Strategies for building awareness for the potential of peace education in Cameroon Ben Oru Mforndip
Special Report
Has Democracy Enhanced Development in Africa? Conrad John Masabo
Permanent Emergency Powers in France: The ‘Law to Strengthen Internal Security and the Fight Against Terrorism’ and the Protection of Human Rights Lena Muhs
Women’s Political Representation in Sri Lanka: Leading towards Prosperity or Peril Pujika Rathnayake
Lack of empathy as a threat to peace Victoria Scheyer
Comment II
The death of democracy in Honduras Daniel Bagheri S.
Berta Vive Daniel Bagheri Sarvestani
The Persons Who Changed the Lives of Terrorists and Criminals Surya Nath Prasad

Teaching Peace from Tales of the City: Peace Education through the Memoryscapes of Nagasaki Patporn Phoothong
Special Report
Reflections of Refugees in Africa Wyclife Ong'eta Mose
Challenges and prospects of AU to implement the Ezulwini Consensus: The case of collective security and the use of force Tunamsifu Shirambere Philippe
The Right to Food Shant Melkonian
Freedom of Expression Under Threat in Zambia Mariateresa Garrido
Douglas Janoff on LGBTQIA Human Rights Luciana Téllez
Common Things: Communication, Community, Communal Peacebuilding Lina Patricia Forero Martínez
The political Crisis of the 2017 Honduran Election Daniel Bagheri S.
Research Summary
Water Security in the Sixaola River Basin Adrián Martinez Blanco and Diana Ubico Durán
Reborn Arunima Chouguley
An Open Letter to the American People: Political Responsibility in the Nuclear Age Richard Falk, David Krieger, and Robert Laney


Last Updated: 03/26/2004
Half the World in Cities

This week the UN Population Division ( ) made its latest adjustments to its urban/rural prediction. While in 2003 48% of the world’s population lived in cities, by 2007 half the world will be in urban areas. Some of the cities are already unimaginably huge: Tokyo is 35 million and growing; Bombay and Delhi are both over the 20 million mark with San Paolo and Mexico close behind. The vast bulk of these cities are in the developing world. The size of the young male unemployed population thus becomes of great concern because they are among the prime movers of violence.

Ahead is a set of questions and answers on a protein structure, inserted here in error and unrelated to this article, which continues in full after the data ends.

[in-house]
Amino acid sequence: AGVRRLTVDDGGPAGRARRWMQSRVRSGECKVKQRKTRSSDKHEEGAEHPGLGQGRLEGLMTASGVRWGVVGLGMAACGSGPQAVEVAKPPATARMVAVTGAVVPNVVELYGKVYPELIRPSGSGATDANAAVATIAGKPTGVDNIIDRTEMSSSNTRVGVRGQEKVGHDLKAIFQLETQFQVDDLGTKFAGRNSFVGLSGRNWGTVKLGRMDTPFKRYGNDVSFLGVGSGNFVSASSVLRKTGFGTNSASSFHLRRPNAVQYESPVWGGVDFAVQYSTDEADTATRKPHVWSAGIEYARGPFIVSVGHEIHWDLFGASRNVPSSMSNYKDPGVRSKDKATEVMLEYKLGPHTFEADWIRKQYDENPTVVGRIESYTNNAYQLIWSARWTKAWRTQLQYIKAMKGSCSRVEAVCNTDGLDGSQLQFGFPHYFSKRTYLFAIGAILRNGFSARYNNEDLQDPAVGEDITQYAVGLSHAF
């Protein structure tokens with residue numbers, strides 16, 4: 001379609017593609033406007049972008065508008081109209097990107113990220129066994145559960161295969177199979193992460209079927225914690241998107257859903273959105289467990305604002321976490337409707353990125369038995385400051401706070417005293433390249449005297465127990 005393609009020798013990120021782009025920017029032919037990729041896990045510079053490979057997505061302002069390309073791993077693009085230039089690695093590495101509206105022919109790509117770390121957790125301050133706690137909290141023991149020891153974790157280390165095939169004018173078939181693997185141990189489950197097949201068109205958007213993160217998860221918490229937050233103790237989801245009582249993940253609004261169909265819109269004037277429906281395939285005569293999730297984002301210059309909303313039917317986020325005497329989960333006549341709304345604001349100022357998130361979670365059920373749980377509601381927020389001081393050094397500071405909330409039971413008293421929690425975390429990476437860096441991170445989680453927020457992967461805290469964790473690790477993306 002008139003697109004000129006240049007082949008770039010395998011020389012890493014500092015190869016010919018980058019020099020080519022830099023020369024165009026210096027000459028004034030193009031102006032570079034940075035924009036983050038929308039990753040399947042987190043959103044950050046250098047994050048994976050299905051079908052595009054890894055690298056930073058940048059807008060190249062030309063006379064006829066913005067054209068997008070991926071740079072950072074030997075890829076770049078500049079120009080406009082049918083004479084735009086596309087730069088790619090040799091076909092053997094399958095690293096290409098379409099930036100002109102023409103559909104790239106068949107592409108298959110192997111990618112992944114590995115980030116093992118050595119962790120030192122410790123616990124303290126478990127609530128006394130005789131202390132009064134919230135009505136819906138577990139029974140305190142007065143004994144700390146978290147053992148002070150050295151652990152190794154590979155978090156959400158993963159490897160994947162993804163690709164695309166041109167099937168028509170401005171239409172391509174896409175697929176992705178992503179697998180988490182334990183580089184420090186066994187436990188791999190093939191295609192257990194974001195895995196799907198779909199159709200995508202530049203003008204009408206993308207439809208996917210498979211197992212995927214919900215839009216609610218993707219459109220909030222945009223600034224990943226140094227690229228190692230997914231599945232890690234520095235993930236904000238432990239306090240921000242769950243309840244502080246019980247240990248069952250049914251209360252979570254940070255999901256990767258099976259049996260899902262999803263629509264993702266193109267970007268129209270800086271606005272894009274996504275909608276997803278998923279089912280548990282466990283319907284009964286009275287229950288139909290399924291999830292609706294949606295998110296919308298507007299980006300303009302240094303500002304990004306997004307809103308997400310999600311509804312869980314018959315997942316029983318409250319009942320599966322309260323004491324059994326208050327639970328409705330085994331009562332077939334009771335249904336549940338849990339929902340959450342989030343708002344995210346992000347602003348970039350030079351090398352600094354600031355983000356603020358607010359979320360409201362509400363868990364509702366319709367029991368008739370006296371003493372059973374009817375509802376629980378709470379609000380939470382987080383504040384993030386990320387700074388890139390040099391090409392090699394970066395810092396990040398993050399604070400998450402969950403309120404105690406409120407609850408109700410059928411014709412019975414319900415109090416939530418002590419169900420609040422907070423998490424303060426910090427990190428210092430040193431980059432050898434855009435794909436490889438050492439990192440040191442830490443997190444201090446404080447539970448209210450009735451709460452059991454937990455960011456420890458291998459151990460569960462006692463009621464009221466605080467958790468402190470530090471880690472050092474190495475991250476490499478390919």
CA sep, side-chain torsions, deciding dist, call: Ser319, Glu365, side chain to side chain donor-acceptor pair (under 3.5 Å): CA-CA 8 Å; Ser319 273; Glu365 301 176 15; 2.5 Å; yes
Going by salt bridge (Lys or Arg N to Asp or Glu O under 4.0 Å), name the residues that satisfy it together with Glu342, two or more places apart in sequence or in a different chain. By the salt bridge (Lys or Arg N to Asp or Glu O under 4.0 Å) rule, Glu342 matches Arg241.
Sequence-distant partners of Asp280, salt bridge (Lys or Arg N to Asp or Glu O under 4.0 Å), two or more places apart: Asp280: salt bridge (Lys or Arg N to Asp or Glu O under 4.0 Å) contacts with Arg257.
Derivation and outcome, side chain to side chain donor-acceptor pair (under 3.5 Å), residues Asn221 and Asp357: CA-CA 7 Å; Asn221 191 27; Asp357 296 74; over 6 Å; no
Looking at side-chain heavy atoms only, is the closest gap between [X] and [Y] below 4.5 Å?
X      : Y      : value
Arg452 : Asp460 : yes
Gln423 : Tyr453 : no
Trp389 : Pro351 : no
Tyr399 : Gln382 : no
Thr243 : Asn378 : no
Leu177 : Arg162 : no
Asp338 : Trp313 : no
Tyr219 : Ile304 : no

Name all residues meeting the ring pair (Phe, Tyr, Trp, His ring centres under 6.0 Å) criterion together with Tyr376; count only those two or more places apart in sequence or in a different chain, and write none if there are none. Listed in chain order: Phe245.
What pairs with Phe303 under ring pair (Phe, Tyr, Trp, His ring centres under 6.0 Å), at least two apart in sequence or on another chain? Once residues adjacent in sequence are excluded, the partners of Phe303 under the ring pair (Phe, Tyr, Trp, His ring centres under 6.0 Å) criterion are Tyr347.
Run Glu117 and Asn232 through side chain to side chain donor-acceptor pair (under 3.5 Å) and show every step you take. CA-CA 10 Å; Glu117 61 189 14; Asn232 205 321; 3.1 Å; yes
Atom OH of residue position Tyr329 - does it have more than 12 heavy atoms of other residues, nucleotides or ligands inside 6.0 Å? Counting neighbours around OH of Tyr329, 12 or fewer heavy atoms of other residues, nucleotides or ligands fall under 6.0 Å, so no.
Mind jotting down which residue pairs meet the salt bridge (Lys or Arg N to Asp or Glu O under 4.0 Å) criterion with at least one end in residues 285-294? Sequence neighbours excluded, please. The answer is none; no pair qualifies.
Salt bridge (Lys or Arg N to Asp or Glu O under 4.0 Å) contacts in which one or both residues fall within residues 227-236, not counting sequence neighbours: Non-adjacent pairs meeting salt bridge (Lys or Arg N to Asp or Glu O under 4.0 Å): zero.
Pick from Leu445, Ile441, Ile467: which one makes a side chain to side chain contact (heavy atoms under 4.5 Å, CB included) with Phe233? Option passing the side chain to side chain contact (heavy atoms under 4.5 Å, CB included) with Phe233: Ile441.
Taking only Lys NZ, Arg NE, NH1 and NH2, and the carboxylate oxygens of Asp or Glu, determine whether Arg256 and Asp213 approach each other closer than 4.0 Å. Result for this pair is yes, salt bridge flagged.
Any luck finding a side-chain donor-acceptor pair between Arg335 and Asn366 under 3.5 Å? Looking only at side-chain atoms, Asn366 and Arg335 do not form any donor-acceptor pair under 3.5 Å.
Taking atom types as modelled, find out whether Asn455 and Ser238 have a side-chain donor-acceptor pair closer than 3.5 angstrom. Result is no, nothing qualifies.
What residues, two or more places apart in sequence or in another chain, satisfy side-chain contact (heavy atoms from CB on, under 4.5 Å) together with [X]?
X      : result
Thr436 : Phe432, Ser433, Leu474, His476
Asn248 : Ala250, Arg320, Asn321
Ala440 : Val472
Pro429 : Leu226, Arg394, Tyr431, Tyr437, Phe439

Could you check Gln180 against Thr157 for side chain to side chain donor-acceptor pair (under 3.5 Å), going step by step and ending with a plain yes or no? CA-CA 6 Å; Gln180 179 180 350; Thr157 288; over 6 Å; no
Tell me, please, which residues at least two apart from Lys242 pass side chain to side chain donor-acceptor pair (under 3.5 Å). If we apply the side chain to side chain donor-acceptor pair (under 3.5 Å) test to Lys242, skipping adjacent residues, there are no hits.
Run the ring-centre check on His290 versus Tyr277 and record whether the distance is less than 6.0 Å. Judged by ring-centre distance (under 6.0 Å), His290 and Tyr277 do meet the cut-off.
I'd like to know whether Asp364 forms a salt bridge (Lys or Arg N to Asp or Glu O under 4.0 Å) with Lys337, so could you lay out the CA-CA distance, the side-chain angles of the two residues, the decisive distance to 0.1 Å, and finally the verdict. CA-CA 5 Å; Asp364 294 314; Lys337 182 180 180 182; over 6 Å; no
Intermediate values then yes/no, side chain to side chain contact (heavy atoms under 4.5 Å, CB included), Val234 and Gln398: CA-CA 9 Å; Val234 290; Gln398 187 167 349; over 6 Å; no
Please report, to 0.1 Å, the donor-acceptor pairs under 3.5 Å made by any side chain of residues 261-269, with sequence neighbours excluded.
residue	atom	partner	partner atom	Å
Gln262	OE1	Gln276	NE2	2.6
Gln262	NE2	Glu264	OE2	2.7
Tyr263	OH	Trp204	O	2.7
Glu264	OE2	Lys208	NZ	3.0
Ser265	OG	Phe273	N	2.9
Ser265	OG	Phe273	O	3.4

Given the scale of the growth, the speed of growth, the impoverishment of huge numbers in the cities, their poor rate of employment, the worsening housing conditions, the scope for violence is frightening. In addition in some parts of the world, say, Latin-America, elections become dominated by a kind of regression to populism that produces governments who are least suitable for the circumstances, and this populism is fed by the urban crowds.


The lack of good governance is all too often regarded as one of the major causes for the outbreak of violence and for its prolonged nature. Of course, some cities are noted for their good governance but when you run down the list of some of the largest and fastest growing cities in the world the alarmists may well have to be heard. But ringing alarm bells is not enough. Cities like countries need good governance. Will effective policy change be as speedy as the rapid growth of  urban populations? It does not look like it.